"Convert empty spaces into urban farms in Malaysia"

Even as many ordinary Malaysians struggle to make ends meet arising from the Covid-19 pandemic, empty shop lots continue to mount along the streets and some even display signs that say “available for rent”. With the growing importance of food self-sufficiency, now is the time for Malaysia to turn empty spaces into urban farms – tackling food security-related issues besides making good use of the existing sites, writes Amanda Yeo, research analyst at Emir Research. 

Although Malaysia is rich in natural resources, we are highly dependent on high-value imported foods. Presently, our self-sufficiency level for fruits, vegetables and meat products stands at 78.4pc, 44.6pc and 22.9pc, respectively. With a lower occupancy rate in both retail and office spaces, property developers probably could redevelop the buildings for another usage – urban or vertical farming as done in Singapore with tremendous success.

According to the National Property Information Centre, the occupancy rate for shopping malls in Malaysia has dropped consecutively for five years. It declined from 79.2pc in 2019 to 77.5pc in 2020, the lowest level since 2003. Penang recorded the lowest occupancy rate at 72.8pc, followed by Johor Baru and Kuching (75.3pc), Selangor (80pc), Kuala Lumpur (82pc) and Kota Kinabalu (82.1pc).

In addition, the Valuation and Property Services Department revealed a lower occupancy rate at Malaysia’s privately-owned office buildings compared to the pre-pandemic era.

For instance, Johor Baru recorded the lowest occupancy rate of privately-owned office buildings at 61.9pc, followed by Selangor (67.5pc), the city centre of Kuala Lumpur (77.8pc), Penang (79.8pc), Kota Kinabalu (86.5pc) and Kuching (87.1pc).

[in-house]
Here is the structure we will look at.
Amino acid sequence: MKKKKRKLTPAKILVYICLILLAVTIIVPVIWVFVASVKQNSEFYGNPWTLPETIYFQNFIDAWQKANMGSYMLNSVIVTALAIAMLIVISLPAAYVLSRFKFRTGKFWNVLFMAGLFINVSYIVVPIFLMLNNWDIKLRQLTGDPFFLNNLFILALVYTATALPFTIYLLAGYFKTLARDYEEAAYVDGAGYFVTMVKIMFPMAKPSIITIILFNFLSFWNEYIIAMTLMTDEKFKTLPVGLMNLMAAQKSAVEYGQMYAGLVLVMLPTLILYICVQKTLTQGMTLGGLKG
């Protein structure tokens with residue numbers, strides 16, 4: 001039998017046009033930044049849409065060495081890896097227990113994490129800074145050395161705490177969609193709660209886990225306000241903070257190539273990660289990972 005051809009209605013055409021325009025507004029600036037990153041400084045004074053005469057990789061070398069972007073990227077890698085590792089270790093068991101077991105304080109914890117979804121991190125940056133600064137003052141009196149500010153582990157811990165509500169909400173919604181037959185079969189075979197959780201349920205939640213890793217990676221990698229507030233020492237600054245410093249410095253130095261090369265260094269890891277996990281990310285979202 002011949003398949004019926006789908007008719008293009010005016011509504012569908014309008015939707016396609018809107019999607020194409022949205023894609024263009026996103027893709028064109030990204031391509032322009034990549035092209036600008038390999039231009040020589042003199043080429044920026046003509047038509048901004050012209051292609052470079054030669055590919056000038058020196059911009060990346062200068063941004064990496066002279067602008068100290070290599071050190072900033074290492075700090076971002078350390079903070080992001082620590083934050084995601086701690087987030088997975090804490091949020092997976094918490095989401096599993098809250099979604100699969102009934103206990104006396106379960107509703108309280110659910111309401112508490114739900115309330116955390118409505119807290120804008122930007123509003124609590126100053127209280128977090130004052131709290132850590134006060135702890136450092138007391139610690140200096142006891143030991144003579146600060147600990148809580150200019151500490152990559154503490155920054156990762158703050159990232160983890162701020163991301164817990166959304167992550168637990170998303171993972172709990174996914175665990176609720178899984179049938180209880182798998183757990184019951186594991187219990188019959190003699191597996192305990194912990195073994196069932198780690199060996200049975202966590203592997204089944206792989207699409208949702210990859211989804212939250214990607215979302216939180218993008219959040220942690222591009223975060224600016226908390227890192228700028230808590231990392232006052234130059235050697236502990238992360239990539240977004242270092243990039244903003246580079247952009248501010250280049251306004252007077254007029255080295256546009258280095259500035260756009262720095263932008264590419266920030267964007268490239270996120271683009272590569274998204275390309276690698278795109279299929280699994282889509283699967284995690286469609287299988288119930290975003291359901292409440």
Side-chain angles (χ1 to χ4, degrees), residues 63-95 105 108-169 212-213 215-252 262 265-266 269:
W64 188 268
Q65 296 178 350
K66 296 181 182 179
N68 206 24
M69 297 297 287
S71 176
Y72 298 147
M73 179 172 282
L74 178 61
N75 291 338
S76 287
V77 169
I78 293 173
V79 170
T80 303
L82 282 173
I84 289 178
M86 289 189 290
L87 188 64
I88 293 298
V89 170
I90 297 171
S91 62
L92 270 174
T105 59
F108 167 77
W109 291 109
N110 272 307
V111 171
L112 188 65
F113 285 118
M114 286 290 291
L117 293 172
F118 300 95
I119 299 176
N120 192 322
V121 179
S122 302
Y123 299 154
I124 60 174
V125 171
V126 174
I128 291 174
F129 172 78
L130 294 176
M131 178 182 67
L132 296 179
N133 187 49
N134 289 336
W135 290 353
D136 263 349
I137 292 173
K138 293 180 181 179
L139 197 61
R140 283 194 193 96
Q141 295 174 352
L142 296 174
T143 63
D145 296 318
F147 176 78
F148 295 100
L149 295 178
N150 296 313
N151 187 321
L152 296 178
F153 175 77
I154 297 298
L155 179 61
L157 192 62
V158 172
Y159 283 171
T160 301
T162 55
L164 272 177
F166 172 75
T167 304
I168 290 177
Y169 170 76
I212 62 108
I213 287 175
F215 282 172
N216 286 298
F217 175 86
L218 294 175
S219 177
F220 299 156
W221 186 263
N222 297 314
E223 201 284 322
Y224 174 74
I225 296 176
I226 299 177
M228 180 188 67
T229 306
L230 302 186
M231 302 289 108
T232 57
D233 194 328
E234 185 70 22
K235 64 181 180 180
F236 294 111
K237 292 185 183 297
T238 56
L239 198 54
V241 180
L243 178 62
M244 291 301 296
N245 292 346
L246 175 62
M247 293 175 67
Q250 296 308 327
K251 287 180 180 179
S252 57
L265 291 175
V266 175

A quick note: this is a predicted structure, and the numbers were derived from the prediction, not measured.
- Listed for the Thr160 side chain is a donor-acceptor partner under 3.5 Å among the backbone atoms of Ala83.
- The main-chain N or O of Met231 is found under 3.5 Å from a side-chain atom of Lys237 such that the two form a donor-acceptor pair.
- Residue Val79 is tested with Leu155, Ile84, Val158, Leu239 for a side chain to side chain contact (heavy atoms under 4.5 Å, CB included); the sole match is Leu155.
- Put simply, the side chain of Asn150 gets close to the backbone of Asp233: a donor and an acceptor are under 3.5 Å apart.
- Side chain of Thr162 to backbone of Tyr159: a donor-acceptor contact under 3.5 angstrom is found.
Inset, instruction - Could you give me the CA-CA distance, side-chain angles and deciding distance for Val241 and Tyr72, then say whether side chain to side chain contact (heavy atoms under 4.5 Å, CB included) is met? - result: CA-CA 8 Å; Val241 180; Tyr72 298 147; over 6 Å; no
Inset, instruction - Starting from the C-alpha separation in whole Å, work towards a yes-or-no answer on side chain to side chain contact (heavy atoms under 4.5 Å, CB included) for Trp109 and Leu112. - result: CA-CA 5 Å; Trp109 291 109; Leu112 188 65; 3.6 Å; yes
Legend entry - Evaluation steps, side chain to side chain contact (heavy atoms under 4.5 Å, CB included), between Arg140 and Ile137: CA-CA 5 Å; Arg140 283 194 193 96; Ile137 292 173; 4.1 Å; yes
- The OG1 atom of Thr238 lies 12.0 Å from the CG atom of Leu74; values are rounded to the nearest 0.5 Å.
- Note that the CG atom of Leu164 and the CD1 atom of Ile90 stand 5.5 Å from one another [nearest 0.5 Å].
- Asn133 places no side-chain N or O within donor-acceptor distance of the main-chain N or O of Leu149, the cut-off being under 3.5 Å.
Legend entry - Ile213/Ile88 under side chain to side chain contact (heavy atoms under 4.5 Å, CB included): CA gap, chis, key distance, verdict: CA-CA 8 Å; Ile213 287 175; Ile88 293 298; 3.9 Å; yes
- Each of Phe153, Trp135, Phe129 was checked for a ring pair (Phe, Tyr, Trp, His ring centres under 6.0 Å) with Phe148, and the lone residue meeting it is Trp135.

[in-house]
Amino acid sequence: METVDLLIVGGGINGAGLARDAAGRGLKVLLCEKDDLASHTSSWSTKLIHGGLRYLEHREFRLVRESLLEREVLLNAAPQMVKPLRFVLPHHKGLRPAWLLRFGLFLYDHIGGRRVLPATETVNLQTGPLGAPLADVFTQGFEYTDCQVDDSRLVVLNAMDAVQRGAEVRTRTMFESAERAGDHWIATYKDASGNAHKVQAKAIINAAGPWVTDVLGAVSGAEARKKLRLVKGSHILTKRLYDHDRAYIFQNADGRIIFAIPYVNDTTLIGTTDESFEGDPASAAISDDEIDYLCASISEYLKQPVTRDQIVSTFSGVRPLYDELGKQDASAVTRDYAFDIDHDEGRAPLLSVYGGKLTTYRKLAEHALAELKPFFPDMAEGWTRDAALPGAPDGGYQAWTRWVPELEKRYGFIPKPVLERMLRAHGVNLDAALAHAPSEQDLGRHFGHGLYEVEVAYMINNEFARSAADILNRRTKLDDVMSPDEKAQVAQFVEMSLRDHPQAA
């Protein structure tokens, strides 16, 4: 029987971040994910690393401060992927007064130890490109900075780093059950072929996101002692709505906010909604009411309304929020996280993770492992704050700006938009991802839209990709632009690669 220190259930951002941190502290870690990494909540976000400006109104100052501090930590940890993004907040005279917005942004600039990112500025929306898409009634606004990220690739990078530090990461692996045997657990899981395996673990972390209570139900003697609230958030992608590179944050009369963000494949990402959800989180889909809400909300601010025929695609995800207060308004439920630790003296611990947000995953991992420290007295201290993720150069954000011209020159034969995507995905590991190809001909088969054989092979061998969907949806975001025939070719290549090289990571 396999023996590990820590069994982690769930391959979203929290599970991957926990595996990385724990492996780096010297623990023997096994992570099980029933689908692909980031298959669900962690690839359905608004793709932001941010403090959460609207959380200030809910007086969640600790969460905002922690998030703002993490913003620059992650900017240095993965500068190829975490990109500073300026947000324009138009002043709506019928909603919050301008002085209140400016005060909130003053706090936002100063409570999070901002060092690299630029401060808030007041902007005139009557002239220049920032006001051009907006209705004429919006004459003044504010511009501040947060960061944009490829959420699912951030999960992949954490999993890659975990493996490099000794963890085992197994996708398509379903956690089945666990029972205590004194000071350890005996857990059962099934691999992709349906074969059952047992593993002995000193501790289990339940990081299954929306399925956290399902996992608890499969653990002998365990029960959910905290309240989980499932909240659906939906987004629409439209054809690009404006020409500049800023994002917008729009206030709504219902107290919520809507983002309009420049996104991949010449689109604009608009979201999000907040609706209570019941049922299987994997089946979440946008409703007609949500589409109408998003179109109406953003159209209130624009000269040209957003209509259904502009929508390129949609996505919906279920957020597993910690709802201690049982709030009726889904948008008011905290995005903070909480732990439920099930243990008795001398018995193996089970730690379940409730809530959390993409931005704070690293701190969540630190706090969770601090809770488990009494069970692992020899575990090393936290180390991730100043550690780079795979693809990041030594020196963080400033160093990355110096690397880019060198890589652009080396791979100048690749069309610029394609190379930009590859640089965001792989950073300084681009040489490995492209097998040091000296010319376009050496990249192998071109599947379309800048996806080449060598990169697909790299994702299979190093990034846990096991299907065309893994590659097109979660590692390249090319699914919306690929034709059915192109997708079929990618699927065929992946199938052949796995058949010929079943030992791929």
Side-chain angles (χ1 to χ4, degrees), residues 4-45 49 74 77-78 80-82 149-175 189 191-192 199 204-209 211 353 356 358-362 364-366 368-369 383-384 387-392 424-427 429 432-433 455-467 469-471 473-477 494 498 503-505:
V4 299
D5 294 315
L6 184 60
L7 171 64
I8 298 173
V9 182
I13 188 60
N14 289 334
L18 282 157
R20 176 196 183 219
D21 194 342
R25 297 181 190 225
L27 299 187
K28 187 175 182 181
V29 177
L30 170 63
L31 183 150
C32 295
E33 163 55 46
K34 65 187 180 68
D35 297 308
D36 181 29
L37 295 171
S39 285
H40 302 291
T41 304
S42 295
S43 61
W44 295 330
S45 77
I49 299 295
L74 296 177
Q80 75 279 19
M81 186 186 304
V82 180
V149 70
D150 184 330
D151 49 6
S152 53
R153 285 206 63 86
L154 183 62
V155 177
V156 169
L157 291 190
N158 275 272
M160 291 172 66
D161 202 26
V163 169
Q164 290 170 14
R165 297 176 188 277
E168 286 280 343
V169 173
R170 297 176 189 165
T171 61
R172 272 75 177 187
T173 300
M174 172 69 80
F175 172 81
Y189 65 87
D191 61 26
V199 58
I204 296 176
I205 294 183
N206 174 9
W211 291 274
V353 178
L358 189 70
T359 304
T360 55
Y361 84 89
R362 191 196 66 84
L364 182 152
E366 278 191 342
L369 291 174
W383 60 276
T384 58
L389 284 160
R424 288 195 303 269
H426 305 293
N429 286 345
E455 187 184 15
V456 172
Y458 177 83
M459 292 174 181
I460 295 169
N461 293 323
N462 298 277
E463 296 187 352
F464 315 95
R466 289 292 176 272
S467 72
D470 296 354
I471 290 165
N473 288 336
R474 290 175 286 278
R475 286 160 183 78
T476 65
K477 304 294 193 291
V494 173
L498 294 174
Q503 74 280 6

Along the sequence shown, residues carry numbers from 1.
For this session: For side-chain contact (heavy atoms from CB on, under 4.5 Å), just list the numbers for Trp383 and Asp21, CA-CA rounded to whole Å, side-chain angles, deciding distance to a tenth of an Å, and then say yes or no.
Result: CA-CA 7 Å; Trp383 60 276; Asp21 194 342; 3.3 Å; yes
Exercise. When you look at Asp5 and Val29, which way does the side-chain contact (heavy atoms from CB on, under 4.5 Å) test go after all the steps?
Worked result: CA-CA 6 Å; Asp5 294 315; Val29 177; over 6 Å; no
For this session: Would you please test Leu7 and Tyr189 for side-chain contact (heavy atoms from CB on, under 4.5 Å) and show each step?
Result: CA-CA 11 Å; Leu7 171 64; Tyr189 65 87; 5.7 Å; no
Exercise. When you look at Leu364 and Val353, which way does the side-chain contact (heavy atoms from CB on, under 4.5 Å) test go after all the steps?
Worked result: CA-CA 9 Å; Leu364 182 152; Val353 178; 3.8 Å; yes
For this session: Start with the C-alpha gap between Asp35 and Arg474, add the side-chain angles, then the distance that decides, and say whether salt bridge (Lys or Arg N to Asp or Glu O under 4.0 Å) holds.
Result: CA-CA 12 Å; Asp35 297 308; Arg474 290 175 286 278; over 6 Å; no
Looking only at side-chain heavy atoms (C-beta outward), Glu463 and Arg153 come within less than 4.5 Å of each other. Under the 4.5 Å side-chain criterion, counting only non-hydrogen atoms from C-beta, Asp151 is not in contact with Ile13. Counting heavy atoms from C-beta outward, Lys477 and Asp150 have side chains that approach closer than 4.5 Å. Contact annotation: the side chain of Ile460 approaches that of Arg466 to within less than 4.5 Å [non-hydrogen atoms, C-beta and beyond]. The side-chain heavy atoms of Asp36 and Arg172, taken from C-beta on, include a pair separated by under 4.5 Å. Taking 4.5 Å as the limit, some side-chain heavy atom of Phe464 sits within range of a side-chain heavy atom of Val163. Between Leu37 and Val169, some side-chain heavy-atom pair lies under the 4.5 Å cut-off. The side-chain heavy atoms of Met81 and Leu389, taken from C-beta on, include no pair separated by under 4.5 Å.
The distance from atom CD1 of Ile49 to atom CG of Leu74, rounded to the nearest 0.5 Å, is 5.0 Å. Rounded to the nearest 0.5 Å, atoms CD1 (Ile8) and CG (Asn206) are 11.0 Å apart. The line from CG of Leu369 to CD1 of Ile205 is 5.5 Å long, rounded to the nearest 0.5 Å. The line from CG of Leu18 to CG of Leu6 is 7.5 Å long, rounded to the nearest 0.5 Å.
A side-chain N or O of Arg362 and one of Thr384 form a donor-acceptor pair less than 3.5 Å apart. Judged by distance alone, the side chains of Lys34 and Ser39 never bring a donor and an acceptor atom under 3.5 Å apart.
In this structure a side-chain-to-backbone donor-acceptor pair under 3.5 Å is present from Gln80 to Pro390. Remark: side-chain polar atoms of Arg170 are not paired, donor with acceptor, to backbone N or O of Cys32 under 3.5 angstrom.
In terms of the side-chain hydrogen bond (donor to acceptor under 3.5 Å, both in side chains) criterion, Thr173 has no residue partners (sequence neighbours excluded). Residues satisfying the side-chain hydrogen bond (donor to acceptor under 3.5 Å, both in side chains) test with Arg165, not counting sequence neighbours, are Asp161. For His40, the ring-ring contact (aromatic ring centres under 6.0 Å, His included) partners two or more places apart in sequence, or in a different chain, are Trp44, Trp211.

Although Sunway FutureX Farm, Kebun-Kebun Bangsar and Urban Hijau, for instance, are good urban farming initiatives in the city centre of Kuala Lumpur, there are still many potential sites that could be transformed into urban farms.

Therefore, Malaysia perhaps can adopt Singapore’s approach by using hydroponics on roofs of car park structures and installing urban farms into existing unutilised buildings.

As it requires only a quarter of the size of a traditional farm to produce the same quantity of vegetables, the vertical rooftop system would yield more than four times compared with conventional farming. At the same time, it also reduces the need to clear land for agricultural use while avoiding price fluctuation.

Besides reducing over-reliance on imports and cutting carbon emissions, indoor vertical farming within the existing building also allows local food production as part of the supply chain. It could expand into workshops, demos, and expos besides offering guided and educational tours that promote the joy of urban farming.

Through urban farming structures inside a building, stressed-out office workers and the elderly, in particular, can enjoy a good indoor environment, air quality, and well-ventilated indoor spaces. They can also relax their mind through gardening and walking around urban farms.

To increase the portion of food supplied locally, the government needs to empower farmers and the relevant stakeholders, incentivizing the private sector in urban farming and providing other support through facilitating, brokering, and investing.

This in turn would enhance the supply and affordability of a wide range of minimally processed plant-based foods as suggested under the latest Malaysia Economic Monitor “Sowing the Seeds” report by the World Bank.

With the current administration’s laudable commitment to tackling food security-related issues, this would provide an opportunity for Malaysia to review the current national food security policy by addressing productivity, resources optimization, sustainable consumption, climate change, water, and land scarcity.

By putting greater emphasis on urban farming, the government could empower farmers to plant more nutritious, higher-value crops; to improve their soil through modern technologies application (i.e., Internet of Things, Big Data and artificial intelligence); and to benefit from increased opportunities by earning higher returns on their generally small landholdings.

Read the complete article at www.dailyexpress.com.my.

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